In Tuesday’s Senate Judiciary antitrust oversight hearing, one question came up repeatedly: Is it effective for both the Federal Trade Commission and the Department of Justice to enforce antitrust laws?
Antitrust, Competition Policy and Consumer Rights Subcommittee Chairman Mike Lee questioned FTC Chairman Joseph Simons and Assistant Attorney General Makan Delrahim of the DoJ’s Antitrust Division over how both agencies investigate monopolization.
Sen. Mike Lee opens an oversight hearing of the FTC and DOJ by slamming the tensions between the two agencies’ antitrust regulators, saying disputes over which agency investigates which tech company creates “institutional pettiness” and delays.
— Brian Fung (@b_fung) September 17, 2019
Chairman Lee expressed concerns that the dysfunction between the FTC and DoJ would lead to more confusion and undermine antitrust laws’ effectiveness.
“There is no analytical basis for splitting a monopolization investigation between the FTC and the Department of Justice. Doing so simply looks like both agencies want to have not just a slice of the same pie, but the same slice of the same pie at the same time,” he said.
When Chairman Lee asked whether the agencies still operate under a clearance system to avoid duplicative reviews, Chairman Simons admitted that “things have broken down.”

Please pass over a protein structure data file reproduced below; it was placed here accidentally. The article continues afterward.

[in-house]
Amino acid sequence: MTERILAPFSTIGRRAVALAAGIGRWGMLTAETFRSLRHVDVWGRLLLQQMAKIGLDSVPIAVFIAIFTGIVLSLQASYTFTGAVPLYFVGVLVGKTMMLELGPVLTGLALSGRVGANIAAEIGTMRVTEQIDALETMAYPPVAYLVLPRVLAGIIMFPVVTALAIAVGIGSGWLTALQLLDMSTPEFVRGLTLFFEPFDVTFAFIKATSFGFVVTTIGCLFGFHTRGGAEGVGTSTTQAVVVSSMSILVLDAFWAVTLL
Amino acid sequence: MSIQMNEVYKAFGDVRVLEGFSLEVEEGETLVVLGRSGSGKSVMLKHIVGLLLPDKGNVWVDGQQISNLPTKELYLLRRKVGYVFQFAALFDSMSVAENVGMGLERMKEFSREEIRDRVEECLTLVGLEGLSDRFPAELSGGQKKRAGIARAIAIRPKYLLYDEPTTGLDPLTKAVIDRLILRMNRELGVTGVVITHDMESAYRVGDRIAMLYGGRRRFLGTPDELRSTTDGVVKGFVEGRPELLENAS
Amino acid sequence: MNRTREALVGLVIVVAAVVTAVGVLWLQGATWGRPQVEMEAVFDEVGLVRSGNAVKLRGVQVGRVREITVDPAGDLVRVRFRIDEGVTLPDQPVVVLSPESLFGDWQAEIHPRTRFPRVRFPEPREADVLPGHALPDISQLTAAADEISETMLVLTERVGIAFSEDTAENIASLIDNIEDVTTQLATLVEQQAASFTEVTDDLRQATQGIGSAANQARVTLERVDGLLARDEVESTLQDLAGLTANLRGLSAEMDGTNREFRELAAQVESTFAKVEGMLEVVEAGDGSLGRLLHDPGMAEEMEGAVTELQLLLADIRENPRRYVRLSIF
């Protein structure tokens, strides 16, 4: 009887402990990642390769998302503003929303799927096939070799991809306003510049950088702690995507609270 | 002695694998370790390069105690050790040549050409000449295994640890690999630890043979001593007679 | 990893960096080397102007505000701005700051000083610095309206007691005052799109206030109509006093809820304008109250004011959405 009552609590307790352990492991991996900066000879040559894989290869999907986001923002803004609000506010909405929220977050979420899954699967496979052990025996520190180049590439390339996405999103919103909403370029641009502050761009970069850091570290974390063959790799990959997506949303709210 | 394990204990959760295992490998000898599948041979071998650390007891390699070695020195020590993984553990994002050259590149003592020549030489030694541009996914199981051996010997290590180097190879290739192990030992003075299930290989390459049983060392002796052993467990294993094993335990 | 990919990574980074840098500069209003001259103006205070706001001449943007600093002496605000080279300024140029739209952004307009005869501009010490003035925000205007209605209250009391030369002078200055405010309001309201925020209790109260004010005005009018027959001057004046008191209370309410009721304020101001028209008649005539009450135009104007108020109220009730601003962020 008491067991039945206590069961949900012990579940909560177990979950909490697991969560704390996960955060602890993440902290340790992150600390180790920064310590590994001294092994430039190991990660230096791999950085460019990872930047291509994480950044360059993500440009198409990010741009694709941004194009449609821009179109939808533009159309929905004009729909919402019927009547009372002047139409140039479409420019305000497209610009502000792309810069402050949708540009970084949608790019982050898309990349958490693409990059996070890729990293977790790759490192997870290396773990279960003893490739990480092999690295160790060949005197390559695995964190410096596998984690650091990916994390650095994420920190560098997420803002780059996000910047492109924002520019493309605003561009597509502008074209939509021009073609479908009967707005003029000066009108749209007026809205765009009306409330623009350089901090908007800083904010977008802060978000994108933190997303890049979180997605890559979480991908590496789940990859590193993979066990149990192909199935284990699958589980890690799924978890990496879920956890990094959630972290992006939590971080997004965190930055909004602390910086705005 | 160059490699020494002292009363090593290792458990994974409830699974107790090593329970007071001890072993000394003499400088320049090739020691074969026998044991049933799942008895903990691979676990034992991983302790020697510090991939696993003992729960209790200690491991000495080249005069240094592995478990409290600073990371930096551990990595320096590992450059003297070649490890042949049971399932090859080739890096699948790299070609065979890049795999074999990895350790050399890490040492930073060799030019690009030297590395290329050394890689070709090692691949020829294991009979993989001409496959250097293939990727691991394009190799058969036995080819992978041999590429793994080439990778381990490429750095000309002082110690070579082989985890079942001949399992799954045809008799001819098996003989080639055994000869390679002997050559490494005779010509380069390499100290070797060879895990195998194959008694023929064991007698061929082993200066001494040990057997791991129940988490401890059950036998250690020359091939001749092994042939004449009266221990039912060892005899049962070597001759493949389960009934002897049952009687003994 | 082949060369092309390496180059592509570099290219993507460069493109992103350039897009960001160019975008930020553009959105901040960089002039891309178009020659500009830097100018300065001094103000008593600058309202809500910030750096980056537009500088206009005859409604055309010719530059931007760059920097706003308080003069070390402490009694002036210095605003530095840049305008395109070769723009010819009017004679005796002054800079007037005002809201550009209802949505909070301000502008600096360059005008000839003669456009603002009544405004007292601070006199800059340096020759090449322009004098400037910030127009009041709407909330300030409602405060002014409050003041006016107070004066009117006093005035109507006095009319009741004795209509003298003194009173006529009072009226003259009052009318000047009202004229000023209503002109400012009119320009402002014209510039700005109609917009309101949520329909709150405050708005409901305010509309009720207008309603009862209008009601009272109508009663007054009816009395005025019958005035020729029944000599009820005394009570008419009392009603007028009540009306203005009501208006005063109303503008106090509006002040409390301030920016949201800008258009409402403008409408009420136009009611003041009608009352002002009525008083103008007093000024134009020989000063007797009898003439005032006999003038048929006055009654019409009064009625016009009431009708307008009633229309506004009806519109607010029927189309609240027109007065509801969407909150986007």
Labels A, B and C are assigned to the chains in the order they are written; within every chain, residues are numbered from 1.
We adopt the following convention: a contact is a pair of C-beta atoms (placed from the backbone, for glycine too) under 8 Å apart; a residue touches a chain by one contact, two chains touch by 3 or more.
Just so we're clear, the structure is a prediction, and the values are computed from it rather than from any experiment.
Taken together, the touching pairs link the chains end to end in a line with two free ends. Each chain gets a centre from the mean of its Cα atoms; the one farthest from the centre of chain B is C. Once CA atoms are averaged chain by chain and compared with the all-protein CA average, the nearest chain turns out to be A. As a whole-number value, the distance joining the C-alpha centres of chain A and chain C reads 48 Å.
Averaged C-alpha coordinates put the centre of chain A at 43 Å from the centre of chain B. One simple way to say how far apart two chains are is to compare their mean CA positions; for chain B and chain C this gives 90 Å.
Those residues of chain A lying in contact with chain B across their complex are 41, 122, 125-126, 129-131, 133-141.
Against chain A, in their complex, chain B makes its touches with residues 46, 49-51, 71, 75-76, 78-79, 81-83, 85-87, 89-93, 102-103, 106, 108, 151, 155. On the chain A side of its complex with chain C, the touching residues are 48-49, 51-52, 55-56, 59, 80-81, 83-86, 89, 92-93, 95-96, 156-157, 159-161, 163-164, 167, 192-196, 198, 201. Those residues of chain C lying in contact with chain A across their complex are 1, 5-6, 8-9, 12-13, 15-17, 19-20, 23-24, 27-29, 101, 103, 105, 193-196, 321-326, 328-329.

Assistant Attorney General Delrahim confirmed this.
Delrahim: I can’t deny there are instances where time is wasted on those types of squabbles over investigations.
— Karl Herchenroeder (@KarlHerk) September 17, 2019
Chairman Simons did emphasize that the FTC does work with other groups on the same case, like when it cooperates with state attorneys general. He said that working with state attorneys general can be helpful, though Chairman Lee pointed out that the FTC is working with other sovereign entities in that case, not a similar federal agency.
Chairman Simons clarified that for monopolization reviews, it’s preferable to have one federal agency responsible, “if for no other reason than because the resources that one of us is duplicating on the other could be applied to a completely different enforcement action or investigation.”
Later in the hearing, Chairman Simons asserted that the FTC may be the best for this task.
FTC's Simons: “If you’re only going to have one agency, you probably want one that looks more like the FTC than the DOJ.”
DOJ's Delrahim: “I reserve the right to object.”
— Ylan Q. Mui (@ylanmui) September 17, 2019
Both antitrust regulators alluded to having limited resources, but Senator Josh Hawley didn’t seem keen on allocating more funds to their efforts.
“Until we can figure out some of these structural problems that you both alluded to, I don’t know why we would spend more money to do things that frankly aren’t getting results,” the senator said.
The day following the hearing, Chairman Lee released a statement on the “dysfunction that comes with having two federal agencies responsible for civil antitrust enforcement.”
“We need robust investigations and enforcement of the antitrust laws, especially in the tech arena. That objective is likely to be hindered if the agencies are stumbling over each other trying to investigate the same companies for the same conduct,” he said.
Author: Bethany Patterson
Photo credit: Kevin Burkett (Flickr)